One of our regular readers interested in modern Indian history, V.Srinivasan, has written an article on the Cabinet Mission Plan and whether it could have succeeded. The abstract of the article, as written by Mr.Srinivasan, is as follows:
In the 60th anniversary of our Independence , naturally some of our thoughts go back to revisit partition. There is a tendency to form imaginative solutions for the communal issue that caused the partition. The last and concrete solution that tried to avert partition was the Cabinet Mission Plan of 1946. The plan suggested a three tier pyramid of provinces, groups of provinces and the Union . Both the League and the Congress accepted to work the plan. However the plan failed mainly due to Congress insistence on its own interpretation of a clause governing the option of provinces to form groups. This article discusses the course of events that led to the failure of the plan. In the end some questions that naturally arise in the discussions are addressed. Mainly it is argued that the while the Congress interpretation may have been conceptually justified, it was practically flawed and politically unwise. An attempt is made to analyze the fears behind the Congress position while pointing out the inherent advantages for the Congress position in the groups. Though I am not terribly optimistic on the Union, I argue why such a Union was a worthwhile experiment to pursue.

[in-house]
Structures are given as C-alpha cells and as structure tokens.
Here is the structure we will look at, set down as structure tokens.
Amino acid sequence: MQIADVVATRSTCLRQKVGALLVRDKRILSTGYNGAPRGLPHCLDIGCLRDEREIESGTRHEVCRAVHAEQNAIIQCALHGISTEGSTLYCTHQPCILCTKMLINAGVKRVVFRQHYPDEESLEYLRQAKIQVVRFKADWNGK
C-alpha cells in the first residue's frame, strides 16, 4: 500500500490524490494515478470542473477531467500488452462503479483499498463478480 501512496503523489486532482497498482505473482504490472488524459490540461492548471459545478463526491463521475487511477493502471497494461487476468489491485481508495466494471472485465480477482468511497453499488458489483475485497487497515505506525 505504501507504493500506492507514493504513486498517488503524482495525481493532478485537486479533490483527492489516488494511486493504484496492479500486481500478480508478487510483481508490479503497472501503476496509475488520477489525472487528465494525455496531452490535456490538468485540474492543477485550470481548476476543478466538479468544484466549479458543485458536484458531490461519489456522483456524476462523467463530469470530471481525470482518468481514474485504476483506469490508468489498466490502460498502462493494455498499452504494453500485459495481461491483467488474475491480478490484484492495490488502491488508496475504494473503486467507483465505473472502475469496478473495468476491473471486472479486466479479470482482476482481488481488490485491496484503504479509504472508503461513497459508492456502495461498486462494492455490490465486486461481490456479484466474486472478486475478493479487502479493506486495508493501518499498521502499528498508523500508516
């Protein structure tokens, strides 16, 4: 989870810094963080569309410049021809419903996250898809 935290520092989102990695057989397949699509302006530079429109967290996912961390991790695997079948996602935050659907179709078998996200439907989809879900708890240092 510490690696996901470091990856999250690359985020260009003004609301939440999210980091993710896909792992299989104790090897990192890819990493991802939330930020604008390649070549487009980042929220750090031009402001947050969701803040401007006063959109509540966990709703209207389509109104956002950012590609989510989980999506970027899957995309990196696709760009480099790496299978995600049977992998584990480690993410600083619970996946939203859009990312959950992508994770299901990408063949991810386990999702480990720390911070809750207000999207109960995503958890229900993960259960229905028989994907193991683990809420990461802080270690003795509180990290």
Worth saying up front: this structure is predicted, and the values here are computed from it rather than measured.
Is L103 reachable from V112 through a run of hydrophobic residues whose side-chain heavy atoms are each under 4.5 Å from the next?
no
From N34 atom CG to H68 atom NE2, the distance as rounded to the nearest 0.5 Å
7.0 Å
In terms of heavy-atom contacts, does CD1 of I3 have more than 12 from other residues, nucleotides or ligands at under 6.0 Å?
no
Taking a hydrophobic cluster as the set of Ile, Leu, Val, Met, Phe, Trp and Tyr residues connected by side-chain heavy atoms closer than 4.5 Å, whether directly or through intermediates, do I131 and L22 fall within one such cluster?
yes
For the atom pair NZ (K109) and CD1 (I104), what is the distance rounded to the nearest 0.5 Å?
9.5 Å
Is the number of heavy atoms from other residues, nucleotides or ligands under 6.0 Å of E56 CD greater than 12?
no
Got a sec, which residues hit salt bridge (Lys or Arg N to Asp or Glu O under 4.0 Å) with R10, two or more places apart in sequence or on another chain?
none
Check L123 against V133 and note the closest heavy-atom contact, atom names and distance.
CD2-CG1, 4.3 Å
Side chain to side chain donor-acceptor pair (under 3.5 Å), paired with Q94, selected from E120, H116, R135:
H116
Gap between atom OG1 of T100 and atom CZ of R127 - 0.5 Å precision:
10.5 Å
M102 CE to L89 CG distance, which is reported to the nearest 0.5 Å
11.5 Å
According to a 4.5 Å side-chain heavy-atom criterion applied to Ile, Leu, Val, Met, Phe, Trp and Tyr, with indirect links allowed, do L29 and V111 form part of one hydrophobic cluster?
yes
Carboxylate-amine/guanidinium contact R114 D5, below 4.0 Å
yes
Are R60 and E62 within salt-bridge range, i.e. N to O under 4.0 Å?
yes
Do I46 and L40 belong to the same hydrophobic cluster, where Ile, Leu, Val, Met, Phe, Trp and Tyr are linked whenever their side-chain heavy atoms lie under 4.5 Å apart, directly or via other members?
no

The article can be read here.